But where he does go with these ideas is completely ineffective in enticing a reader such as myself to want to read more.  My first thought at why this could be was that maybe he was thrown by the success of the first book, so the titles were thrown together somewhat haphazardly and that’s why they didn’t have the expected overarching direction.  But then I remembered that he’s actually dead now.  And I don’t think these books enjoyed any commercial success outside of Sweden humously (is that the opposite of posthumously?).  What he does do in calling the next books The Girl who Kicked the Hornet’s Nest and The Girl who Played with Fire, respectively, is that he tells us something in the title about what it is she’s going to do.  I don’t think that’s a very good strategy, because as I’ve always found in title or headline writing, the old adage holds true- less is more.  All that should ever be referred to in the title, I feel, is the main character (or characters), and the situation they’re put in.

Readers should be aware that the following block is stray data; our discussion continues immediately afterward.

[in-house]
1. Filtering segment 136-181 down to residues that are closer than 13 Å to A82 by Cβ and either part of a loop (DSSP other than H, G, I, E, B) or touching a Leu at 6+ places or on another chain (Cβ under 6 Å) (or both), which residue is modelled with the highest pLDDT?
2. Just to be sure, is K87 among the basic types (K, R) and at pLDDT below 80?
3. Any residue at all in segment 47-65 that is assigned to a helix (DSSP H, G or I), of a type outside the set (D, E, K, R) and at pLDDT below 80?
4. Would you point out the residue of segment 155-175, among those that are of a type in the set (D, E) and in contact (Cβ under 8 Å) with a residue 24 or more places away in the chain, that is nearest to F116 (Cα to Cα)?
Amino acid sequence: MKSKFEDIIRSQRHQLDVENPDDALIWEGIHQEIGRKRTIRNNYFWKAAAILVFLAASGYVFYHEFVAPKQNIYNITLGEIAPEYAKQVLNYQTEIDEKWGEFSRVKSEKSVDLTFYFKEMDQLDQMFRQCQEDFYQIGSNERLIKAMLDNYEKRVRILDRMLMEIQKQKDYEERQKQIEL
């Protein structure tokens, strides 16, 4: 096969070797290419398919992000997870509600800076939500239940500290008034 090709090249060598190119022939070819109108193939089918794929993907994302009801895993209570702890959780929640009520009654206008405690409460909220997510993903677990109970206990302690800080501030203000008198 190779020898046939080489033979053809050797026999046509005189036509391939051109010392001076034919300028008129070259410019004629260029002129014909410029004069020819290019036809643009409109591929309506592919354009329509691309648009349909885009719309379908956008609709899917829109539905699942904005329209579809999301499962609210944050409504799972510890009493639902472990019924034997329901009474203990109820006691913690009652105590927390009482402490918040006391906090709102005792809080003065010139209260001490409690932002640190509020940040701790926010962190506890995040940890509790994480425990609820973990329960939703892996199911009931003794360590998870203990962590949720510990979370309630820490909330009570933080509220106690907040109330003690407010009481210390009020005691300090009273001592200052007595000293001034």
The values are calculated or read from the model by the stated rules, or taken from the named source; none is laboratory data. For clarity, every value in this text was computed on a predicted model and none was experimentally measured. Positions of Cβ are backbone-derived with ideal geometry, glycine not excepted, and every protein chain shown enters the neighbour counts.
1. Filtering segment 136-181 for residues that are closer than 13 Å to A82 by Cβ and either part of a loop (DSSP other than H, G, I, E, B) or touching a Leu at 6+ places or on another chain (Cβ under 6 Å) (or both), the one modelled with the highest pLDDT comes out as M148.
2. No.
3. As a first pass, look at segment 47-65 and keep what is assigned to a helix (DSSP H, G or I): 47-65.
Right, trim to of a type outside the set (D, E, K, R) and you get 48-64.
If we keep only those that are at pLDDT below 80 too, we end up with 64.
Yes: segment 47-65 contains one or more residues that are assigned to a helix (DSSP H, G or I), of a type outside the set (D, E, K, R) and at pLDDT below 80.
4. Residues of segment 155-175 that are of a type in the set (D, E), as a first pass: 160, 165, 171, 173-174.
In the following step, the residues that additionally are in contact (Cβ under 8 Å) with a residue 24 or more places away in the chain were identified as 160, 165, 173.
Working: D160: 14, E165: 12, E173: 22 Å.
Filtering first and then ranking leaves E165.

I do feel as though I can draw from at least one or two examples of good titles, even speaking as someone who hasn’t read all of these books.  The Bourne Trilogy has a good series of titles, insofar as the titles themselves tell you almost nothing about the plot of the book.  Take The Bourne Identity- there’s a guy named Bourne and he has an identity.  Or something.  But regardless, my interest is peaked.  (Just thinking about that series, it makes me angry that the second movie ends so far into the third one. Gah!)  And in the Hitchhiker’s Trilogy, Douglas Adams names each book after something the reader heard in the first one, and the titles themselves may not have anything whatsoever to do with the characters, plot, or circumstances of the particular novel.  But you still want to read them.

Monday, December 5, 2011

Looking Around My Room

I want to overanalyze a couple things here.  This being one of the first times I have sat down to just write, without a pre-set idea, I’m going to take this opportunity to just look around my room and describe the various decorations I have bestowed on it.